In order to preserve the confidentiality of secret ballots, we cannot disclose individual voting results. However, you can rest assured that, if you voted during the prescribed voting period and you had uploaded a piece of photo ID to the Member Portal that was valid when validation was done, your vote was definitely counted. 

7-     Will it be necessary to upload a piece of ID to the Member Portal when it comes time to vote again?

Uploading a piece of ID is a one-time event and was requested by the National Executive Council (NEC). Once your identity has been authenticated in this way, it will remain valid for all future votes.

8-     Can the fact that some votes were rejected change any of the outcomes?

The reason we made sure to authenticate the members registration is precisely to make certain that only votes cast by members who have met all of the voting requirements are tabulated.

9-     Who decided to reject the votes that did not meet PwC’s requirements?

The National Executive Committee (NEC), which is CAPE’s elected board of directors, made the decision in a recorded vote on March 8, 2017, pursuant to the recommendations made by the Elections and Resolutions Committee and by our designated agent, PricewaterhouseCoopers (PwC), during that same meeting.

10-  How many ballots were rejected?

Our designated agent rejected 519 members who did not submit a valid piece of ID. It should also be remembered that not all of the members who registered to vote actually cast ballots; moreover, registered voters were not necessarily eligible to vote on all of the issues. The EC members, for example, were eligible to vote on seven issues, the TR members on six and the Library of Parliament members on five.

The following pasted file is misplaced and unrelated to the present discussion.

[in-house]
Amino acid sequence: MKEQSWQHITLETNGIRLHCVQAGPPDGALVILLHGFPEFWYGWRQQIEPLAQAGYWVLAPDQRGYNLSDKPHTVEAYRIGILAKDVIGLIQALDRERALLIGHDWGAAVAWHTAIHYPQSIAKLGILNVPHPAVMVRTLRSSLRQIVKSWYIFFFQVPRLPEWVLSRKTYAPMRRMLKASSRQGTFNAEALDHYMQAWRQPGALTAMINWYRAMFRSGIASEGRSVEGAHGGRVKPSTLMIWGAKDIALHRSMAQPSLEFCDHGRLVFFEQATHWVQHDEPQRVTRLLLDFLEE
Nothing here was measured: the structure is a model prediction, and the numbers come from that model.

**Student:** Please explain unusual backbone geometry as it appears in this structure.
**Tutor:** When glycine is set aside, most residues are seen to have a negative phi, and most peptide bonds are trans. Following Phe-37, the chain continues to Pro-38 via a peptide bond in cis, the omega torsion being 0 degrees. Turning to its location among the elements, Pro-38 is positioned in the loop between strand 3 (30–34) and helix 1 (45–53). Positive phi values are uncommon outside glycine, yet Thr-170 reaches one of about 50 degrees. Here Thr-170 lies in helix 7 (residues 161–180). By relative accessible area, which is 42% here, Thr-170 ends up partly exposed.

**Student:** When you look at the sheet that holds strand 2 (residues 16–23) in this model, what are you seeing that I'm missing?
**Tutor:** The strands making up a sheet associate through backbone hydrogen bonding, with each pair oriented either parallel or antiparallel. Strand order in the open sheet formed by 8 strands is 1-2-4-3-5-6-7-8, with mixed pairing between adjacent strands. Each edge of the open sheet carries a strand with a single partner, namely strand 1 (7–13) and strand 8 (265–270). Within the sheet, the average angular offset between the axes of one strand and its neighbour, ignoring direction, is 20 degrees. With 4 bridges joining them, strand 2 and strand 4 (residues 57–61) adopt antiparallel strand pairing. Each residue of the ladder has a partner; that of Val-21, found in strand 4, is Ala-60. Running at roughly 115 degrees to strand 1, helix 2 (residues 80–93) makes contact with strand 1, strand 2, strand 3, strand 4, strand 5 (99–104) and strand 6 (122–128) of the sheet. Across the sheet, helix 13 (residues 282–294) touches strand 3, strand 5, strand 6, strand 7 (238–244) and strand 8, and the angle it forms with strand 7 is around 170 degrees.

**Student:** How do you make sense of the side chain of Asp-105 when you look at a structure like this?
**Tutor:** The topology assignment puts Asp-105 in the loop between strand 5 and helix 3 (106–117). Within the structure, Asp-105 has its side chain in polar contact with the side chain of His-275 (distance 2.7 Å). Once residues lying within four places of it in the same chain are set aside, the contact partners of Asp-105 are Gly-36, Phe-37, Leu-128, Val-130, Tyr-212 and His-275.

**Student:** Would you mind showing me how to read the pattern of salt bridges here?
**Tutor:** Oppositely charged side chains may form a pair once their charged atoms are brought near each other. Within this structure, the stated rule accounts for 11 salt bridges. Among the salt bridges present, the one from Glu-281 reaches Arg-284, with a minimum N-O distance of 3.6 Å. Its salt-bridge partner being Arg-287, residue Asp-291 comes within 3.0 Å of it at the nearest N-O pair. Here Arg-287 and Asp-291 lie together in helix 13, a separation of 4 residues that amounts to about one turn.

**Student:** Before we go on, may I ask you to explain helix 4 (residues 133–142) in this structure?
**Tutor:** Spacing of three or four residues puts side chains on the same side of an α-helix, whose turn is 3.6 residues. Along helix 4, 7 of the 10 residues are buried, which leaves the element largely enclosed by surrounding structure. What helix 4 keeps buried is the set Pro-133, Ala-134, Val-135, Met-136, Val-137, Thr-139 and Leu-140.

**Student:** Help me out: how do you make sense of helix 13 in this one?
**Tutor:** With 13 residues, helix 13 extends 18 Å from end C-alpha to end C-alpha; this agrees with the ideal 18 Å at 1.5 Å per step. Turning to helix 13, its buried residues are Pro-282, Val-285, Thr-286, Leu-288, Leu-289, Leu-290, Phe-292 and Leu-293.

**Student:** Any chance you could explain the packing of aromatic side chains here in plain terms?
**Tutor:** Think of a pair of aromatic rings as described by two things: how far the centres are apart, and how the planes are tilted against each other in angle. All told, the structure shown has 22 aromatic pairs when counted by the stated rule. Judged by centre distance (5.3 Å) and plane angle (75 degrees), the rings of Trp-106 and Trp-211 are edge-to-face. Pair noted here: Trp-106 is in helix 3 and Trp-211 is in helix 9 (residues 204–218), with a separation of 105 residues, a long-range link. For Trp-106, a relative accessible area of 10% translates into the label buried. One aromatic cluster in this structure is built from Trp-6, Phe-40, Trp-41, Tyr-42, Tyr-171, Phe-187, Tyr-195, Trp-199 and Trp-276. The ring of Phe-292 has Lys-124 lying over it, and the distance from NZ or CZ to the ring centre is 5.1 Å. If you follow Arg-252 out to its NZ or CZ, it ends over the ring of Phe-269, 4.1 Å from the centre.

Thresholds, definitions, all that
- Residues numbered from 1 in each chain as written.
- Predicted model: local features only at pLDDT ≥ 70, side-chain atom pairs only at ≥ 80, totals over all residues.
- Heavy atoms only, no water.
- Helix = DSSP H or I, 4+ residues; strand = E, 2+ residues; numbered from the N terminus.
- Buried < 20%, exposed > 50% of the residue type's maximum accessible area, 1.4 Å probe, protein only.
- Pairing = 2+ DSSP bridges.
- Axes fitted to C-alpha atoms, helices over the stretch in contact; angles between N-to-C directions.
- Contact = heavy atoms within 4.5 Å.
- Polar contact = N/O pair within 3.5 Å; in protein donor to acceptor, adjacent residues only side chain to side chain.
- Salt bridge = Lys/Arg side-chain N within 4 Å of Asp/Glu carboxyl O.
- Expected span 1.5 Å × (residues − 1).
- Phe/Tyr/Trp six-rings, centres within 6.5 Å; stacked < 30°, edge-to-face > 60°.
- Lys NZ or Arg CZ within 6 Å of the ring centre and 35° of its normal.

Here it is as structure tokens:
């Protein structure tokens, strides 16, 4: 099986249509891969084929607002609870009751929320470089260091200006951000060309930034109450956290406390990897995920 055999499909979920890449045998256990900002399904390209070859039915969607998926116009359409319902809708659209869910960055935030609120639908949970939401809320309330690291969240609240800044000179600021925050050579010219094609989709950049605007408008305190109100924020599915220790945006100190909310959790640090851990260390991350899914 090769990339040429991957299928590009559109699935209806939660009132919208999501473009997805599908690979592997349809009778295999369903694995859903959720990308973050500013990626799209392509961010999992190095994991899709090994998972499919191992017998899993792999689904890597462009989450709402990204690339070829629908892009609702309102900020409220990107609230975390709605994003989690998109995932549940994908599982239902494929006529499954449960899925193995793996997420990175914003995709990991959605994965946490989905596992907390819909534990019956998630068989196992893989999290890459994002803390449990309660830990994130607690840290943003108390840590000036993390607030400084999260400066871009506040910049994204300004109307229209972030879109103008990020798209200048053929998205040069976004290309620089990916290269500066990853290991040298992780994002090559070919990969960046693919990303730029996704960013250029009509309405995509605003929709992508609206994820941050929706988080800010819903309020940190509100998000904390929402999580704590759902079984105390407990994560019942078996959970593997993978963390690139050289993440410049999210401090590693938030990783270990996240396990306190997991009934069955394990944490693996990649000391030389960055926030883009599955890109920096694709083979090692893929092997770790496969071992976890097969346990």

11-  Why have the results of the voting for the two vacant director positions not been unveiled yet?

Because the President of the Elections and Résolutions Committee (ERC) resigned after the vote counting on the EC and TR collective agreements and on the removal of CAPE President, the vote counting on the other questions could not continue, as this process must be supervised by the ERC. For the vote counting to proceed on the other questions, the CRC must reorganize.

12-  Will the Member Portal continue to be used?

Yes, of course. The Member Portal will now be the point of entry for all members seeking to participate in CAPE voting processes, gain access to our ServicePlus discount program and receive other services. For example, we plan to post on the Portal documentation that concerns members only and thus cannot be published on the CAPE website.

To make sure you are ready for future votes, and to ensure that you have access to the ServicePlus discount program, we urge you to register on the Member Portal immediately. If you run into any problems or difficulties during the registration process, feel free to contact our membership clerk at: membership@acep-cape.ca.

13- Why didn’t the system work properly?

Some were critical of the system that was set up for the recent votes. However, since more than 3,600 members registered successfully and close to 3,000 voted to ratify the tentative EC and TR agreements, it is safe to say that the system accomplished the objective of making the electronic voting process secure, while protecting your personal information. The majority of the problems reported had to do with a bug in the system that prevented it from synchronizing some members’ passwords to the Portal with the passwords used to register and vote. We worked with affected members to rectify the problem. In the few cases where we were unable to arrive at a successful fix, the option of voting with paper ballots was offered.